Carl Icahn Comments on Forest Labs FDA Warning Letter
On August 1, 2012, Forest received a warning letter from the FDA, regarding a violation of Daliresp promotional practices by its sales reps. This warning letter follows another warning letter from the FDA in April 2011 regarding unethical sales practices by a Forest sales rep concerning Savella. Importantly, both of these letters were issued AFTER Forest's settlement with the US Department of Justice in September 2010 regarding similar unethical sales practices pursuant to which Forest pled guilty to a felony charge, paid over $300 million in fines and signed a 5-year Corporate Integrity Agreement to resolve these matters.
It is obviously worrisome that these practices would be ongoing at Forest given its chequered history in similar matters. In fact, Forest has received 2 of the last 43, or about 5%, of all warning letters of this type issued by the FDA in the last 18 months despite thousands of products being promoted by hundreds of companies. And more importantly, Forest is one of the only companies lax enough to receive multiple warning letters while subject to a Corporate Integrity Agreement. Moreover, it is alarming that the FDA specifically states in the warning letter that it is concerned given the pre-existing requirements under the Corporate Integrity Agreement. It should be noted that Forest previously disclosed that "failure to comply with the terms of the Corporate Integrity Agreement could result in substantial penalties and potential exclusion from government health care programs" and this is a potential breach of Forest's obligations under that agreement.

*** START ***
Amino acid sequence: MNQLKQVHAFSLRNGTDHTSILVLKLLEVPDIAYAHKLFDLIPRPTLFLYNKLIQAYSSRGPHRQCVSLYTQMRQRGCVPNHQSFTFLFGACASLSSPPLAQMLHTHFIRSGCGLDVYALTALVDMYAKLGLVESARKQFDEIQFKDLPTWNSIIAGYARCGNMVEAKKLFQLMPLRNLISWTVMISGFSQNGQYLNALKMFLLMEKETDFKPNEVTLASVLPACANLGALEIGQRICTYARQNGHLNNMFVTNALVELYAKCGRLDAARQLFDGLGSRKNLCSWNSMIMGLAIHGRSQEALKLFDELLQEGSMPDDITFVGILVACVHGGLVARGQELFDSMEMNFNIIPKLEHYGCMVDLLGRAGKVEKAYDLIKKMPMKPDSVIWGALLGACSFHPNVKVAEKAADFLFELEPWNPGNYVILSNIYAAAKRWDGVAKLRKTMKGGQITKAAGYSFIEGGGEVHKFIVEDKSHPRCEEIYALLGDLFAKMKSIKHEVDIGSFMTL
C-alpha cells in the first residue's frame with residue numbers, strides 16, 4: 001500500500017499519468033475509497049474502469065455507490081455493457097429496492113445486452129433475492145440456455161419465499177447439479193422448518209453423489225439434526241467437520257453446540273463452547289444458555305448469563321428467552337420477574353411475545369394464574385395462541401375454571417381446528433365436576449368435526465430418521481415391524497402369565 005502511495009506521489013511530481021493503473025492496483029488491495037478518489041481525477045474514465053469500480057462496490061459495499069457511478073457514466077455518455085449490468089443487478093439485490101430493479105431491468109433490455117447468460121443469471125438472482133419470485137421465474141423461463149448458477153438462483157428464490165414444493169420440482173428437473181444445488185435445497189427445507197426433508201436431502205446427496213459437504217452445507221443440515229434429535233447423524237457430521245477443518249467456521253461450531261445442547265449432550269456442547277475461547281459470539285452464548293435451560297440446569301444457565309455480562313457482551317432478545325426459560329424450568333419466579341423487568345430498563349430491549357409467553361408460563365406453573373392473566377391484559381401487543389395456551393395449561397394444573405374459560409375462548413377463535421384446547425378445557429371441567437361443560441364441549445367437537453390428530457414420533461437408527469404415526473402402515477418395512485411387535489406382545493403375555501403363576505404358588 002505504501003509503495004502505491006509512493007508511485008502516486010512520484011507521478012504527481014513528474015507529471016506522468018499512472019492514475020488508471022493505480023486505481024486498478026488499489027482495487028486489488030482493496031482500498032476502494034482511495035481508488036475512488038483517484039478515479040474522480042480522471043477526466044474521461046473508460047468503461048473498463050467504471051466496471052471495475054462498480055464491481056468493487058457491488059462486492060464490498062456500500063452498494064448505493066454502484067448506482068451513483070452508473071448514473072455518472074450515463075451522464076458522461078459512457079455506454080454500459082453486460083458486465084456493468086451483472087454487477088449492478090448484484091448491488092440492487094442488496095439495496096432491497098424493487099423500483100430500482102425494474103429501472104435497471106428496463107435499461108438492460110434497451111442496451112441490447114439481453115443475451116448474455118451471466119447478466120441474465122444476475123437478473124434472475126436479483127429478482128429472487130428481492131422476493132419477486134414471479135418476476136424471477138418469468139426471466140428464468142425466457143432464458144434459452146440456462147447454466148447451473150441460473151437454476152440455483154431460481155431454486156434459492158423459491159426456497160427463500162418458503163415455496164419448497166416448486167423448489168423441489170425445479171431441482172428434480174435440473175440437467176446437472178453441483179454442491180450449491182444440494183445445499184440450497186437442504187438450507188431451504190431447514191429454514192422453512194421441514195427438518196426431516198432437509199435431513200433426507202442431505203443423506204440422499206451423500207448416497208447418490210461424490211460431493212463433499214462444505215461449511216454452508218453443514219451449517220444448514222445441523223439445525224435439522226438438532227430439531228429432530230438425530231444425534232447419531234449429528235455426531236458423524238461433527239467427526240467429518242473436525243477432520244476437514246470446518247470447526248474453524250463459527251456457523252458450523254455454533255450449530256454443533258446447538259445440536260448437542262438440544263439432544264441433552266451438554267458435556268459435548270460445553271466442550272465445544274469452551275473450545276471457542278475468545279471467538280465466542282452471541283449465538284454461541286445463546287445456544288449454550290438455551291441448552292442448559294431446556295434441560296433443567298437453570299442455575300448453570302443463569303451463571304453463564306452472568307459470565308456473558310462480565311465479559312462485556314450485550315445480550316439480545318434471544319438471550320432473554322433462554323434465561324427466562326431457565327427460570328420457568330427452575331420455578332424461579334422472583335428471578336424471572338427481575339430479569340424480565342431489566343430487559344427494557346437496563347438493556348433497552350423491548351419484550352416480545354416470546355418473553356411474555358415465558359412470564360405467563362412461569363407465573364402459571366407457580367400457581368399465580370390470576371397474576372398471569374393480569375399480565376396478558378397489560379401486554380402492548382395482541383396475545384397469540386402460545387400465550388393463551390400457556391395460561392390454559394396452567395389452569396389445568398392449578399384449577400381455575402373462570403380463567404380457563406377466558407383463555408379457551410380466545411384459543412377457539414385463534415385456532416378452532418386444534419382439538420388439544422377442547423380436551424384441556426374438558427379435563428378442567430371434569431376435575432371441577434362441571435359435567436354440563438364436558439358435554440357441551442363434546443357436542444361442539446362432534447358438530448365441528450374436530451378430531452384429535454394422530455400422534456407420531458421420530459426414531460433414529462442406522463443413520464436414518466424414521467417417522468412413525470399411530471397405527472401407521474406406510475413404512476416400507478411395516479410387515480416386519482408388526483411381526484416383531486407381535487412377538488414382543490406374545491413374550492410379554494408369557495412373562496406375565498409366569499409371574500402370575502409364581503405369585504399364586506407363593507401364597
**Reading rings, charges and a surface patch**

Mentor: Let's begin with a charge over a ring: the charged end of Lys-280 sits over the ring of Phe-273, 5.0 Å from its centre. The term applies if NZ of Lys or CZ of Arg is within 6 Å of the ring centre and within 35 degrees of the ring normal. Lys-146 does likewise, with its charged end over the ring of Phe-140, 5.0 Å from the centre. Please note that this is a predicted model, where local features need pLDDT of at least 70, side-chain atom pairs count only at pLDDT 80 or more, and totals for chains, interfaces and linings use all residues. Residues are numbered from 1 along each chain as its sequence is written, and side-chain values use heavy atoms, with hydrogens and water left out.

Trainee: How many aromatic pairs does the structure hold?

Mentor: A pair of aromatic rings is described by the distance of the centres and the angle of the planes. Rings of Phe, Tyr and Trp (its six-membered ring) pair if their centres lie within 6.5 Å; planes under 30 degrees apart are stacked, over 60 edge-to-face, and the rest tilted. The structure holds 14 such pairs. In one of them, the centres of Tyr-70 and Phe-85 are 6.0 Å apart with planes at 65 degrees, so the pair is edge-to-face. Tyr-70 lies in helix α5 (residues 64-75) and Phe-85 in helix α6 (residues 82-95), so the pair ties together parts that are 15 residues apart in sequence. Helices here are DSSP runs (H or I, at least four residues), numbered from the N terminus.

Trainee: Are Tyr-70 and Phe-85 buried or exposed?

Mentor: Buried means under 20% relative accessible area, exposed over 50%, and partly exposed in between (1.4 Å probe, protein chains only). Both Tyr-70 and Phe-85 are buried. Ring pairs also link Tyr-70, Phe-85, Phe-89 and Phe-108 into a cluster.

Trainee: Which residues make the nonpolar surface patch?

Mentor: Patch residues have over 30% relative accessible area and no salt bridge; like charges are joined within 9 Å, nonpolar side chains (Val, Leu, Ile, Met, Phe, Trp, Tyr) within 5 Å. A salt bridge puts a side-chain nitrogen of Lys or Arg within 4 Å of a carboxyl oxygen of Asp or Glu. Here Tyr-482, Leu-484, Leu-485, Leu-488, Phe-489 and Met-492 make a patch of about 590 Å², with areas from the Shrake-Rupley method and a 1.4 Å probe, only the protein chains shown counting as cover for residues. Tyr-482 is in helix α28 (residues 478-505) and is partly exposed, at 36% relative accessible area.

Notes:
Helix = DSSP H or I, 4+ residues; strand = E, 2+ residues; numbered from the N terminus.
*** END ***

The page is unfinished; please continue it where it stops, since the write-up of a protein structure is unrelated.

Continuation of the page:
And why wouldn't Forest disclose this to shareholders in the 10-Q it filed on Friday, August 10, 2012. I am sure they will say that they were advised that they could get away without disclosure. But that is neither the right answer for shareholders nor the right message to the management. In fact, I believe that Forest has been very aggressive in its lack of disclosure with the SEC – many of their major license agreements are not publicly filed with the SEC even though all material agreements are required to be filed with the SEC and they have been opaque on their succession plans, to name just a few deficiencies.
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